• Bidirectional flow seen in false lumen
Pseudoaneurysm:
  • Caused by trauma or invasive procedures
  • Blood escapes the artery into surrounding tissues and is encapsulated within the tissues
  • Forms round sac of blood
  • The connection with the vessel is made through a neck or stalk
  • Treatment by compression of the stalk or thrombin injection
  • Compression performed in 10 minute intervals with a re-evaluation of flow with color Doppler after each compression interval
  • Thrombin - clotting agent injected into a pseudoaneurysm to close the opening and clot the blood that has escaped; usually reserved for larger pseudoaneurysms with larger stalks
Sonographic Appearance:
  • Rounded, anechoic structure adjacent to main artery
  • Color demonstrates a connection between the artery and the structure
  • Color also demonstrates turbulent flow, Yin/Yang sign within the pseudo
  • Doppler evaluation will demonstrate high resistance to-and-fro flow in the stalk and low resistance to-and-fro flow in the body of the pseudo

Aortic Stenosis:
  • Most commonly caused by atherosclerotic changes
  • Can also be related to AAA thrombosis or arteritis
  • Resistance will increase proximal to the stenosis
  • Causes increased velocity at the site of the stenosis
  • Distal to the stenosis the flow will be dampened and possibly tardus parvus waveforms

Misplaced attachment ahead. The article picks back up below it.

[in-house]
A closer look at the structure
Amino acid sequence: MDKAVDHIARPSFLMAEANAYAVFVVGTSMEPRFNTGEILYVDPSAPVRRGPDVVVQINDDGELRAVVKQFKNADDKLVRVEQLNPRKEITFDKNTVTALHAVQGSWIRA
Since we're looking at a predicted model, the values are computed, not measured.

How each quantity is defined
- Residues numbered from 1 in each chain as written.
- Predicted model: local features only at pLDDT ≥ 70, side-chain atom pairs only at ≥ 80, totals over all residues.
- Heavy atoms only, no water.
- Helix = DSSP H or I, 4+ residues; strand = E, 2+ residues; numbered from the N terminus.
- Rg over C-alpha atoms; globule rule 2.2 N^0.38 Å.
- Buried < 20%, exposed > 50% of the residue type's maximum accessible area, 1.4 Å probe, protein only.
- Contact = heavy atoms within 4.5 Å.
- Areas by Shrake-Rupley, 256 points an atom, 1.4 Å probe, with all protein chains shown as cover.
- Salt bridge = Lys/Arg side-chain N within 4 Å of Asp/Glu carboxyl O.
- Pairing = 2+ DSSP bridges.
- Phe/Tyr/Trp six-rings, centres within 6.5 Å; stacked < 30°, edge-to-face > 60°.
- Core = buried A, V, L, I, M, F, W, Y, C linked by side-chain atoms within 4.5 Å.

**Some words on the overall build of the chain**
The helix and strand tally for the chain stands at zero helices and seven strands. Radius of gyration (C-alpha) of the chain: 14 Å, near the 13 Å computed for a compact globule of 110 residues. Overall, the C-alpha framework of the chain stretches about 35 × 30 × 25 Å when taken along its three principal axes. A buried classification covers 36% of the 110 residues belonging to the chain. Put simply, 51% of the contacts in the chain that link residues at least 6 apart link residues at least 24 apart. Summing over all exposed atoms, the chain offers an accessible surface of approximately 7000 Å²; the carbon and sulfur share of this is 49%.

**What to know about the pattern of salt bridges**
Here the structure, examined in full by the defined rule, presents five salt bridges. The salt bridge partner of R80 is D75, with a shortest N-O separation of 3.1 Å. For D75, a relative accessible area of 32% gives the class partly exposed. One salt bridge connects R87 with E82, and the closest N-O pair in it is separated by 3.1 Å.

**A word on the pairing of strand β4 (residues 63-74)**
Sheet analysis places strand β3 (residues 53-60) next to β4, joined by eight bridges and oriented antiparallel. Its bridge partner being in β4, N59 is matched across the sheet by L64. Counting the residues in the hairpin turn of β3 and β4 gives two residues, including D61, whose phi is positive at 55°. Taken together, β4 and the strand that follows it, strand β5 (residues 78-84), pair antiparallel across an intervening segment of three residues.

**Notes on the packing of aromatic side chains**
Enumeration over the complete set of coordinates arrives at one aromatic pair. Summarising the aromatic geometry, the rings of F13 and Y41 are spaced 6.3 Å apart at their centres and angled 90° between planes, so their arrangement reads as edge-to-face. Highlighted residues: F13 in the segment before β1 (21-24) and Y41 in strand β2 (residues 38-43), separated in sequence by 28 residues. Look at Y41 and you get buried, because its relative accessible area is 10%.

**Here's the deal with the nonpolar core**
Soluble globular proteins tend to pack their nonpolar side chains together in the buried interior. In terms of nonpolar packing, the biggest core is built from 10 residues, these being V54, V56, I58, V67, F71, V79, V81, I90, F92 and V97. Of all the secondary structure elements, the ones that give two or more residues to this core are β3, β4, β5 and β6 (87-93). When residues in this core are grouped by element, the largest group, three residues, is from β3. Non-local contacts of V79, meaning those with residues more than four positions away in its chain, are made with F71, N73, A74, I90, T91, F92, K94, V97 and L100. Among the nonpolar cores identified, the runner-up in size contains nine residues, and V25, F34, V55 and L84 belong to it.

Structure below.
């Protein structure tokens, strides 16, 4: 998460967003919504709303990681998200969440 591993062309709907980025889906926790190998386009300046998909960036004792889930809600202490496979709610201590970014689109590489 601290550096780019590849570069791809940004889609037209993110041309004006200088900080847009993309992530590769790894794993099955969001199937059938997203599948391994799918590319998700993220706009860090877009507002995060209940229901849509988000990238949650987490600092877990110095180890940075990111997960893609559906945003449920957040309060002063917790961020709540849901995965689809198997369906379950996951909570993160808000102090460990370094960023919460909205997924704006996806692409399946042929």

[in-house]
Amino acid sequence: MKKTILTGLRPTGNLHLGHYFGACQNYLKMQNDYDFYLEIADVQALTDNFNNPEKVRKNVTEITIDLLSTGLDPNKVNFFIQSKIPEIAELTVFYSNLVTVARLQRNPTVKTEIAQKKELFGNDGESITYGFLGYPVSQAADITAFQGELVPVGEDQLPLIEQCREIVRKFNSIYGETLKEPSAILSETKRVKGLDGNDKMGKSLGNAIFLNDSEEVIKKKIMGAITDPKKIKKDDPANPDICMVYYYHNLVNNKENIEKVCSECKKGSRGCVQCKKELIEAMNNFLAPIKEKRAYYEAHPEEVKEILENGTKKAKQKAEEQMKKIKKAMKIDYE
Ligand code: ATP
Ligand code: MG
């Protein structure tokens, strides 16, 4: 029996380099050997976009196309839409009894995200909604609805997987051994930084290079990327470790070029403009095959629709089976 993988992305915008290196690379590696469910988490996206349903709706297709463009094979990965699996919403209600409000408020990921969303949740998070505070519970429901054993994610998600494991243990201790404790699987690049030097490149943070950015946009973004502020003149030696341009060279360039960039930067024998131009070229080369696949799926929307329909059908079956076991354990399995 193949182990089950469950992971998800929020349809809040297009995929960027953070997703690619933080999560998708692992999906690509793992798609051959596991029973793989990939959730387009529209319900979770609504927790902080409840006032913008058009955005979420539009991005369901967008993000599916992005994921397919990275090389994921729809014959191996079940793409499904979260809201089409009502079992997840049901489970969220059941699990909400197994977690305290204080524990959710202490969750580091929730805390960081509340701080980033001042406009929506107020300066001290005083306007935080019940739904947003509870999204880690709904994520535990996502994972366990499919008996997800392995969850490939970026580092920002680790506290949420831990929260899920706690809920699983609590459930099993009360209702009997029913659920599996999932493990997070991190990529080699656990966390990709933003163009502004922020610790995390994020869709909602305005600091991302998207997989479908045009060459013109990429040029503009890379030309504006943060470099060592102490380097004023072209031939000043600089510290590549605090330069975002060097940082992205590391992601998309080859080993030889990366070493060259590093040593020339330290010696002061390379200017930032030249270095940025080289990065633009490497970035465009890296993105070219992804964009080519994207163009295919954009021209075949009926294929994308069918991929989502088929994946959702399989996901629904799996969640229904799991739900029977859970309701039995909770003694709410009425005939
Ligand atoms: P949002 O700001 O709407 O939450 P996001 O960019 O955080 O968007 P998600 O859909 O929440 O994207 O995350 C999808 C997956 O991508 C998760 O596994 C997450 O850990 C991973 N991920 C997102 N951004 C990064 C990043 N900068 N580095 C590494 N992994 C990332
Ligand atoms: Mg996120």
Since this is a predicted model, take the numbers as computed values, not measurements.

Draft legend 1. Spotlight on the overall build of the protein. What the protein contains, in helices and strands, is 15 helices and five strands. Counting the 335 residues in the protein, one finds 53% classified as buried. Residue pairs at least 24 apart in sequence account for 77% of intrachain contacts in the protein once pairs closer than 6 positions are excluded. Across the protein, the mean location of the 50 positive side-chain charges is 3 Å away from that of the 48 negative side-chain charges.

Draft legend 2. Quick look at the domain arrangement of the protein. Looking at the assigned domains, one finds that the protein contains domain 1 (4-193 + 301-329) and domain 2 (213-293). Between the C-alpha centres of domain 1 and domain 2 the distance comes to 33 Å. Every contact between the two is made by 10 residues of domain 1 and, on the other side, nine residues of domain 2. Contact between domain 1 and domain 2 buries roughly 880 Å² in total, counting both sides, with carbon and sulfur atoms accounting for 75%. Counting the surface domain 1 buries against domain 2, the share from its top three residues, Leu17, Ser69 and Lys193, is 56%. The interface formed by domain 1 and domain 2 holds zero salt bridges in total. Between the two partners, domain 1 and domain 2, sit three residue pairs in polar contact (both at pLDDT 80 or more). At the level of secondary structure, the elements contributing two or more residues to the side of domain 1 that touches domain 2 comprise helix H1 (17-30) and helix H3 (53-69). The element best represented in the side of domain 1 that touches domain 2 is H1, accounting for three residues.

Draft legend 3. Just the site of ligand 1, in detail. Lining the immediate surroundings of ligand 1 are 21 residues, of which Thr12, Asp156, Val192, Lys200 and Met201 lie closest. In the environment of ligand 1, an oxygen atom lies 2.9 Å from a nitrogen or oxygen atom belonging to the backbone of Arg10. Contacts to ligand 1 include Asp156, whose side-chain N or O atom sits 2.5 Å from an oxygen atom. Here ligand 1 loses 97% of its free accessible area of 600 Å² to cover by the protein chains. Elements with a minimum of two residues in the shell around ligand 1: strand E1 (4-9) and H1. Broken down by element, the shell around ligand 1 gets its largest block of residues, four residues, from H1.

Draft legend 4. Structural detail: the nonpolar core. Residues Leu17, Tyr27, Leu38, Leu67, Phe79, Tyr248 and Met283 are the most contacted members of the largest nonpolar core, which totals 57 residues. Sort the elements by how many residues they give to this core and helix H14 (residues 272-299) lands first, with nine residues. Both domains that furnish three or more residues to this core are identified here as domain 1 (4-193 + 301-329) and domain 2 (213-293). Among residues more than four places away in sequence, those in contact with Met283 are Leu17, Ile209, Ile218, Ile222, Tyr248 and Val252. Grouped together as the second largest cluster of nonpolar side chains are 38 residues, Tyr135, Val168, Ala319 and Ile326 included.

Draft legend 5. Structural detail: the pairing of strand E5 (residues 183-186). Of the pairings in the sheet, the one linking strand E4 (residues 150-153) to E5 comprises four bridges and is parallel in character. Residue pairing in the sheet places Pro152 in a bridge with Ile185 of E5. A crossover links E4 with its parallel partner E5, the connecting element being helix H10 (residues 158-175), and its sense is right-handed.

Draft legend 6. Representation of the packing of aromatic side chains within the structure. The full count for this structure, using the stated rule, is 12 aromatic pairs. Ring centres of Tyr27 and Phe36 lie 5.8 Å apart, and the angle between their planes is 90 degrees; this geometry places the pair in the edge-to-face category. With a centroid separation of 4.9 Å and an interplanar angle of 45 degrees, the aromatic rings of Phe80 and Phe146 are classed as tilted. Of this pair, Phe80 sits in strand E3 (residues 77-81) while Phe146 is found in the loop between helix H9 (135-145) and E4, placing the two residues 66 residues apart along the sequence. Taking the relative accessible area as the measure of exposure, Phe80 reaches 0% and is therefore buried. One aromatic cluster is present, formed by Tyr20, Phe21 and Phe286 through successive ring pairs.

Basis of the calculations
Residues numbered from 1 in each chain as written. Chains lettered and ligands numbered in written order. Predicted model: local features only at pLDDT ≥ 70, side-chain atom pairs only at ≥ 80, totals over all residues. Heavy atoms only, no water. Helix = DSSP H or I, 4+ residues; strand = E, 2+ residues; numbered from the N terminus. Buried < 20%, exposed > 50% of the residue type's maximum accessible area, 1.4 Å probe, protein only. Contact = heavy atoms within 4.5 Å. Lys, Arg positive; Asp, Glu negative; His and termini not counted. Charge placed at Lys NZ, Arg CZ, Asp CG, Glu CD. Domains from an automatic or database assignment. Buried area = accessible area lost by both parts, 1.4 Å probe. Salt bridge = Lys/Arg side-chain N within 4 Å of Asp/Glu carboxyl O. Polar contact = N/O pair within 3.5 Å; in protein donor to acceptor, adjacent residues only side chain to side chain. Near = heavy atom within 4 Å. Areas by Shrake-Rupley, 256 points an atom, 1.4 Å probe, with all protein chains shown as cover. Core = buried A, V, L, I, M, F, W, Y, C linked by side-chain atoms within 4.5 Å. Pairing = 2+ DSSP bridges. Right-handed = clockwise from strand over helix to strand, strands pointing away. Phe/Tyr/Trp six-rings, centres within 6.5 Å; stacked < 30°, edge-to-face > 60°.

• Effects will be similar to coarctation with increased brachial pressures and decreased bilateral ankle pressures
  • If the stenosis is superior to the renal artery origins, renal ischemia will activate the renin-angiotensin system causing systemic HTN

Leriche Syndrome:
  • AKA aortoiliac occlusive disease
  • Due to occlusion of the abdominal aorta just above the site of its bifurcation
  • Causes bilateral symptoms and flow changes in the lower extremities
  • Symptoms include fatigue of both lower limbs, intermittent bilateral claudication with ischemic pain, absent or diminished femoral pulses and pallor or coldness of both lower extremities
  • Doppler waveforms will demonstrate low resistance, post-stenotic flow changes throughout both legs
Retroperitoneal Fibrosis:
  • AKA Ormond's disease
  • Most commonly occurs at the level of the aortic bifurcation and inferiorly in pelvis
  • Idiopathic(usually) overgrowth of fibrous tissue around an atherosclerotic aorta
  • Can be related to drugs, infection, malignancy or cancer therapy
  • May lead to ureteral obstruction causing hydronephrosis
  • May compress the IVC causing bilateral pedal edema
  • May compress the gonadal veins causing scrotal swelling
Sonographic Appearance:
  • Soft tissue mass surrounding great vessels
  • Hypoechoic
  • Smooth borders